When it comes to kitchen hobs, there are quite a few different types available. But which one is best and what do they all do? Gas or electric, induction or ceramic – there are pros and cons for each type of hob. To find out which hob is the right one for you, it’s a good idea to understand what they all do and how they all work.
What are the different types of hobs?
Gas hobs have been around since the 1820s. Today they typically have 4 to 6 rings of open flame that are automatically lit when turned on. The heat is instant and the size of the flame can be controlled immediately. This instant control over the level of heat is loved by gas-hob fans. Gas hobs, however, are difficult to clean as they usually need dismantling to get to all of the parts.
Electric stoves became popular in the 1930s. They used to have electrically heated coils on the top for warming up the pans. Electric hobs these days have a ceramic or glass surface covering the electrical elements. The cooking area gets hot quickly when switched on as the heating system transfers the heat to the underside of the hob top. Controlling the heat tends to be more difficult as the reaction is slow with these electric hobs. The flat, smooth surfaces make cleaning easy but they stay hot for a while after being switched off so can burn if accidentally touched.
Induction hobs were introduced to the home in 1987. They work quite differently to ceramic hobs as they use a magnetic field to heat just the base of the pan, rather than the surface of the hob. This magnetic reaction is created when electricity passes through copper coils that are under the hob’s surface. As the induction hob itself isn’t heated, they are safe to touch as soon as they are switched off. Induction hob surfaces come in ceramic glass or the more revolutionary porcelain.
Gas hob vs ceramic hob
It’s hard to beat the reactive control of a gas hob but the use of a naked flame in a family kitchen puts some people on edge. A tea towel left too close to the gas flame, for example, can catch fire quite quickly if left unattended. The wipeable surface of a ceramic hob also makes everyday life so much easier and the lack of ‘spider’ supports means there is less chance of a pan tipping or spilling.
Induction hobs versus gas hobs
First of all, induction hobs have a more modern look and they are also much easier to clean. Professional cooks prefer the controllable flame of a gas hob, but induction can offer a very similar experience. Gas hobs are a little cheaper to buy if you are working with a tight budget, but there are ongoing running costs that should be considered.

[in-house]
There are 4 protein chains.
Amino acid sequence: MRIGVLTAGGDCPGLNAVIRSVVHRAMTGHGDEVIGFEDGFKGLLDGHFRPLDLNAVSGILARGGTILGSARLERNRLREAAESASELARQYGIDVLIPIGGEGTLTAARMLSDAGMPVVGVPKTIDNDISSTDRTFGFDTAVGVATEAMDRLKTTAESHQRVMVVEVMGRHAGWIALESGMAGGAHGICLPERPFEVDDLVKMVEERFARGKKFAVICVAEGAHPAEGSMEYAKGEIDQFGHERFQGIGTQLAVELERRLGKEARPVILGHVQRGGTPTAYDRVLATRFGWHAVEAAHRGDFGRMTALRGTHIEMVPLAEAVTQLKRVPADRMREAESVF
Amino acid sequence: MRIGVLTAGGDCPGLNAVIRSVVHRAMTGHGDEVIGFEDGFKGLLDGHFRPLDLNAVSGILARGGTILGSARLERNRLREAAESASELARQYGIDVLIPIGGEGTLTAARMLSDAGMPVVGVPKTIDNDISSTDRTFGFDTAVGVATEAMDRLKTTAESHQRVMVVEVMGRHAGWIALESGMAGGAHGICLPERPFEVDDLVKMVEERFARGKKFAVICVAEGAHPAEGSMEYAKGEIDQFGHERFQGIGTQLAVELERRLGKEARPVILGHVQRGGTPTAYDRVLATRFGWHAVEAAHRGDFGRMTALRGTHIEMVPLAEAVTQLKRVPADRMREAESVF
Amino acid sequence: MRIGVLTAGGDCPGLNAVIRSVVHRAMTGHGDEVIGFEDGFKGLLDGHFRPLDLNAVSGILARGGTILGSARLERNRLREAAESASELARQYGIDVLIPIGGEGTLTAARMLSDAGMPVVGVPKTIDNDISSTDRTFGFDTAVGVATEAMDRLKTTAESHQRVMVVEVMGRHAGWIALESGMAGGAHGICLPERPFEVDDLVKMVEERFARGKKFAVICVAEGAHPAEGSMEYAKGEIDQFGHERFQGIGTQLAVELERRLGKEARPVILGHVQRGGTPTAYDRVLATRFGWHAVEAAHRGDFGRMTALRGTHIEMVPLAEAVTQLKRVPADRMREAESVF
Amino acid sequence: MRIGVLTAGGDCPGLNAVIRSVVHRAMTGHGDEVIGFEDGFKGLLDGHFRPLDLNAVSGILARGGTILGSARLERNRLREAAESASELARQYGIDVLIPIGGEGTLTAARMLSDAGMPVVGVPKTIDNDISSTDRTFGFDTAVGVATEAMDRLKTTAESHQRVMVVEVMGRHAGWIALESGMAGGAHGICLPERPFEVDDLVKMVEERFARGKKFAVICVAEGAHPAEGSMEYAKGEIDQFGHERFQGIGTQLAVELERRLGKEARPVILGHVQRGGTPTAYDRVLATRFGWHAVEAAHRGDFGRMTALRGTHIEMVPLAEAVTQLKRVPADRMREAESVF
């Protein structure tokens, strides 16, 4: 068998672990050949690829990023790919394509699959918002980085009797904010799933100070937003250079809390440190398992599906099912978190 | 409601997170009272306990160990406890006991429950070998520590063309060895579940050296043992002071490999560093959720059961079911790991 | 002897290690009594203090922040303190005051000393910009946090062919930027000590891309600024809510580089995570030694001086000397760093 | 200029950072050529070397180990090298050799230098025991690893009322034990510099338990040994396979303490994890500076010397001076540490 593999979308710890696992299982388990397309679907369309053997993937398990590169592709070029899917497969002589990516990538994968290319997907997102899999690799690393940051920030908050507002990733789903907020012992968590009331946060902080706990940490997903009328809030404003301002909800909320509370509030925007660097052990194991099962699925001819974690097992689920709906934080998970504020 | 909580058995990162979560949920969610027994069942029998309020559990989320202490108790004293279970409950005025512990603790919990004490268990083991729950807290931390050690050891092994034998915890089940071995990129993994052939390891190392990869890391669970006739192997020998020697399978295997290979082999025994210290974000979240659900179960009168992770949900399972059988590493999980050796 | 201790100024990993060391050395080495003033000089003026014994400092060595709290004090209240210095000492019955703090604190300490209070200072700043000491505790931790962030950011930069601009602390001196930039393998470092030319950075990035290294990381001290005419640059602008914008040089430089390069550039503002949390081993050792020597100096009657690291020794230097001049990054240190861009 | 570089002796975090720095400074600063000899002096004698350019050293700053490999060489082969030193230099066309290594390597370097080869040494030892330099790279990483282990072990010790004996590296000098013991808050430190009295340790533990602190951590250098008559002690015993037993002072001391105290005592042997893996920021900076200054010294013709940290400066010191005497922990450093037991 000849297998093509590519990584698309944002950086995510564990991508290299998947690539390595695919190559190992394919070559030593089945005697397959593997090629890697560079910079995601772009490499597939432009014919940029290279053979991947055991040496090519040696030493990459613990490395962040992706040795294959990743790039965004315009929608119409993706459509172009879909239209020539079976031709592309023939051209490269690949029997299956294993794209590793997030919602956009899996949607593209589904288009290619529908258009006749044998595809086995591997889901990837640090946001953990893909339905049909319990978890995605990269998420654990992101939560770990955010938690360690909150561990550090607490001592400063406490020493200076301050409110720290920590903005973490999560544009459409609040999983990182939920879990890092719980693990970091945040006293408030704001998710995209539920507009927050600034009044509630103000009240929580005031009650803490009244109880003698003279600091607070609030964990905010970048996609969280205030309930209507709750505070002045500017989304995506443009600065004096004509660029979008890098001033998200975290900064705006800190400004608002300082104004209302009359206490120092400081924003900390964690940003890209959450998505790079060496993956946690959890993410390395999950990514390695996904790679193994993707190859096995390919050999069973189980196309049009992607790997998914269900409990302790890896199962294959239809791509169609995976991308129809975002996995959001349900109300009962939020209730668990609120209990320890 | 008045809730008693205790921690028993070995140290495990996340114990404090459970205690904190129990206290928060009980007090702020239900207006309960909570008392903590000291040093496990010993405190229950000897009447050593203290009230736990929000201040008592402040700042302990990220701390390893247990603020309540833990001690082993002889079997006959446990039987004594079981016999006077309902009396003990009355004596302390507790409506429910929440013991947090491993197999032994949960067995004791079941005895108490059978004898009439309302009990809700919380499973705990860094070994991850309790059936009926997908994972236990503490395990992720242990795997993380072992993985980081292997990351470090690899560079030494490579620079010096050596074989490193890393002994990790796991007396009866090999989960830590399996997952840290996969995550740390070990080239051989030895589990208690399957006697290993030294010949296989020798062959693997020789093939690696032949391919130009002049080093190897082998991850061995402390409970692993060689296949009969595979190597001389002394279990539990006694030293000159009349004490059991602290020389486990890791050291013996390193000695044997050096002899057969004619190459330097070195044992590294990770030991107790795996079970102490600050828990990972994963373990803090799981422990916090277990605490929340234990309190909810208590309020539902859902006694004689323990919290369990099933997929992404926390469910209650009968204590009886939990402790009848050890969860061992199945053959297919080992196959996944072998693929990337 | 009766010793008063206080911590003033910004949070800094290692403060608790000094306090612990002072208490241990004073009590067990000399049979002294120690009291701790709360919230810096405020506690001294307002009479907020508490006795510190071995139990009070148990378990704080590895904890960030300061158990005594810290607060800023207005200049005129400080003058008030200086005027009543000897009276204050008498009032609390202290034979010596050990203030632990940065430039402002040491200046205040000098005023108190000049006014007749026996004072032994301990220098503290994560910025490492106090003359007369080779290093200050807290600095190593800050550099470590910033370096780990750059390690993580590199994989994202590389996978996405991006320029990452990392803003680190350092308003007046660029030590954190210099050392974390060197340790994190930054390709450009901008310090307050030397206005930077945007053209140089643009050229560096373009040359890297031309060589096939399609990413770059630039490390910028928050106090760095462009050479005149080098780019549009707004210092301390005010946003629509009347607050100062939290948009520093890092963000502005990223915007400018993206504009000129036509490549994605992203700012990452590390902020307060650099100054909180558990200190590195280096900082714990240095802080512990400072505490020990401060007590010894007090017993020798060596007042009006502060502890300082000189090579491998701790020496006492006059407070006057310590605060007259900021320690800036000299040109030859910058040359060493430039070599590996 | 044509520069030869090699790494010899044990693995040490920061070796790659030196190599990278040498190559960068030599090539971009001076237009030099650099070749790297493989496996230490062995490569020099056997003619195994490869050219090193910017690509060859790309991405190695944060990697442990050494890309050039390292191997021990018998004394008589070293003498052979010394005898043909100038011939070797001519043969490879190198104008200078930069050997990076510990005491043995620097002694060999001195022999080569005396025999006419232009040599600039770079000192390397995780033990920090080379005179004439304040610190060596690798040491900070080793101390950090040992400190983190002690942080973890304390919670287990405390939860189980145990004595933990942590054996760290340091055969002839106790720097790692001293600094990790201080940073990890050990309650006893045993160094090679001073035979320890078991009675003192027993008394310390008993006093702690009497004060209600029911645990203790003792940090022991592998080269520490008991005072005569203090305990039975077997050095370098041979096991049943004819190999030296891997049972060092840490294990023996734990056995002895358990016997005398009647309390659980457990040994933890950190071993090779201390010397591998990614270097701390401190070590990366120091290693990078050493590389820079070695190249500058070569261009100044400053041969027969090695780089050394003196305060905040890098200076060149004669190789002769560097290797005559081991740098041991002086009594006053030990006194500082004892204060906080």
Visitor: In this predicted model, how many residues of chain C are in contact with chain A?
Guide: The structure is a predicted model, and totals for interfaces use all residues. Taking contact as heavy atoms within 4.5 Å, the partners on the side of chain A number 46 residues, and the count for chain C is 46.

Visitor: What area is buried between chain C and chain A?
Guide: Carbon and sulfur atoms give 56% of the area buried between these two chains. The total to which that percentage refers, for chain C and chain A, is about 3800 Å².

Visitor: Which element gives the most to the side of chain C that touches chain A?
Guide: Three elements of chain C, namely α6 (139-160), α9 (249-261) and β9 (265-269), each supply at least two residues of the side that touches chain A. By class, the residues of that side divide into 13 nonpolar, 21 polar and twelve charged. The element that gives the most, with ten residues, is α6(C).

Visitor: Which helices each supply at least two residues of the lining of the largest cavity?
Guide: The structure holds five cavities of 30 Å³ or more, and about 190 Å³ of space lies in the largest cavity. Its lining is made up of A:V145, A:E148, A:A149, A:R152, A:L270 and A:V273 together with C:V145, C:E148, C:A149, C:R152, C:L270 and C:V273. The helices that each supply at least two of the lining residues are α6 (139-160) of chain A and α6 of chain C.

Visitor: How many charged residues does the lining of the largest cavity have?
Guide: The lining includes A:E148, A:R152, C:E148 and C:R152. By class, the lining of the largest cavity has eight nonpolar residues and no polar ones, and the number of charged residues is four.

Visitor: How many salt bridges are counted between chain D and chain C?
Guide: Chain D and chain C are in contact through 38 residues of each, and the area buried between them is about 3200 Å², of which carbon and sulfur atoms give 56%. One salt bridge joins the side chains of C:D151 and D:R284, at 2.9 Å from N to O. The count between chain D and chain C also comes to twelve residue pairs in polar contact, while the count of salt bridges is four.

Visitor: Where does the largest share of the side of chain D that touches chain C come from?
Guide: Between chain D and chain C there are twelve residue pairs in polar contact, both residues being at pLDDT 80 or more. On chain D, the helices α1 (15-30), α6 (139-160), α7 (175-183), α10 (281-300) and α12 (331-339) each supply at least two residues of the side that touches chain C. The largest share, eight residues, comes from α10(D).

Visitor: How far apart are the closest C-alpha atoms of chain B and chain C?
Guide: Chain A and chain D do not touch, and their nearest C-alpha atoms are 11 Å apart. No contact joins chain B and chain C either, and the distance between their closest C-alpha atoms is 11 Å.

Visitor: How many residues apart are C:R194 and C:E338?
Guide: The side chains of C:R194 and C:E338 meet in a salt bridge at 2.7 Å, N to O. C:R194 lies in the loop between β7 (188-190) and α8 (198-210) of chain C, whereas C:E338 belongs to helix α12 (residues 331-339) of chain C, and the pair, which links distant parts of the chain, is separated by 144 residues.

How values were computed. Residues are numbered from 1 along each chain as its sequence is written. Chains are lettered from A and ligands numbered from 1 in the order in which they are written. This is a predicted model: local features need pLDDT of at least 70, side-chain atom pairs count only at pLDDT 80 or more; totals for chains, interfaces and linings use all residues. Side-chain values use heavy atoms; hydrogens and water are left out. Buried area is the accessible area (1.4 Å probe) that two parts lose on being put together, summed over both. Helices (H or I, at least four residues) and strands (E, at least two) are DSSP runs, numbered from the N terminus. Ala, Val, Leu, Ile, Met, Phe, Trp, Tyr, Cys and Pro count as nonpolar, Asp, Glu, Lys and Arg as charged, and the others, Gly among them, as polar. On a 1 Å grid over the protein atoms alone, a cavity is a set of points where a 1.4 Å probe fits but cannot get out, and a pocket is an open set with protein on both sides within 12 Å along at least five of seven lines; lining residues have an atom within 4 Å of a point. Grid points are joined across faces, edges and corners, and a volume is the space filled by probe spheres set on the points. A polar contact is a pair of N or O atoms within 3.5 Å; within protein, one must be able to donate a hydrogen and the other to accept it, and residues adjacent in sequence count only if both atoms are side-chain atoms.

Induction hobs vs gas hobs for running costs
Induction hobs beat them all hands down when it comes to running costs. There is no wasted energy as only the base of the cookware gets heated, no matter what size the pan is. Powered by electricity, induction hobs are the most environmentally friendly appliance. Electricity is being powered more and more by renewable sources such as wind and solar, whereas gas can only come from fossil fuel.
Induction hob or ceramic hob: which is best?
Both of these hob types have flat surfaces that look fuss-free and minimalist. Cleaning is straightforward and they are both powered by electricity. However, the big difference is the safety aspect. Induction hobs are cool to the touch immediately after the pan has been removed, an important factor when there are children in the household. This is particularly important if you are planning to set your hob into a kitchen island that everyone sits around. Induction hobs also offer a lot more control over the heat level than the ceramic versions.
Induction hob vs TPB Tech induction
Toughened ceramic glass in white or black and with 900mm maximum length is the standard surface on an induction hob. But if you’re looking for better than standard, porcelain is the choice for you.
TPB Tech has created a porcelain stoneware invisible induction hob that blends seamlessly with the worktop. In fact, it’s impossible to tell where the hob starts and the countertop ends. Porcelain stoneware is used because it tolerates high temperatures, is scratch-resistant and highly durable while still allowing the magnetic field of induction to work for heating pans. Worktops come in a wide choice of finishes and can be made up to 3150 x 1220 mm in surface area, allowing your induction hob to be incorporated into any area you specify. All you can see of the induction hob are three small, flat controls so, when it comes to cleaning up, all you need to do is simply wipe down the TPB Tech countertop from one end to the other.
Tempted by the sound of a porcelain induction hob from TPB Tech? Take a closer look at the hobs in our showroom in Twickenham or get in touch with us for more information.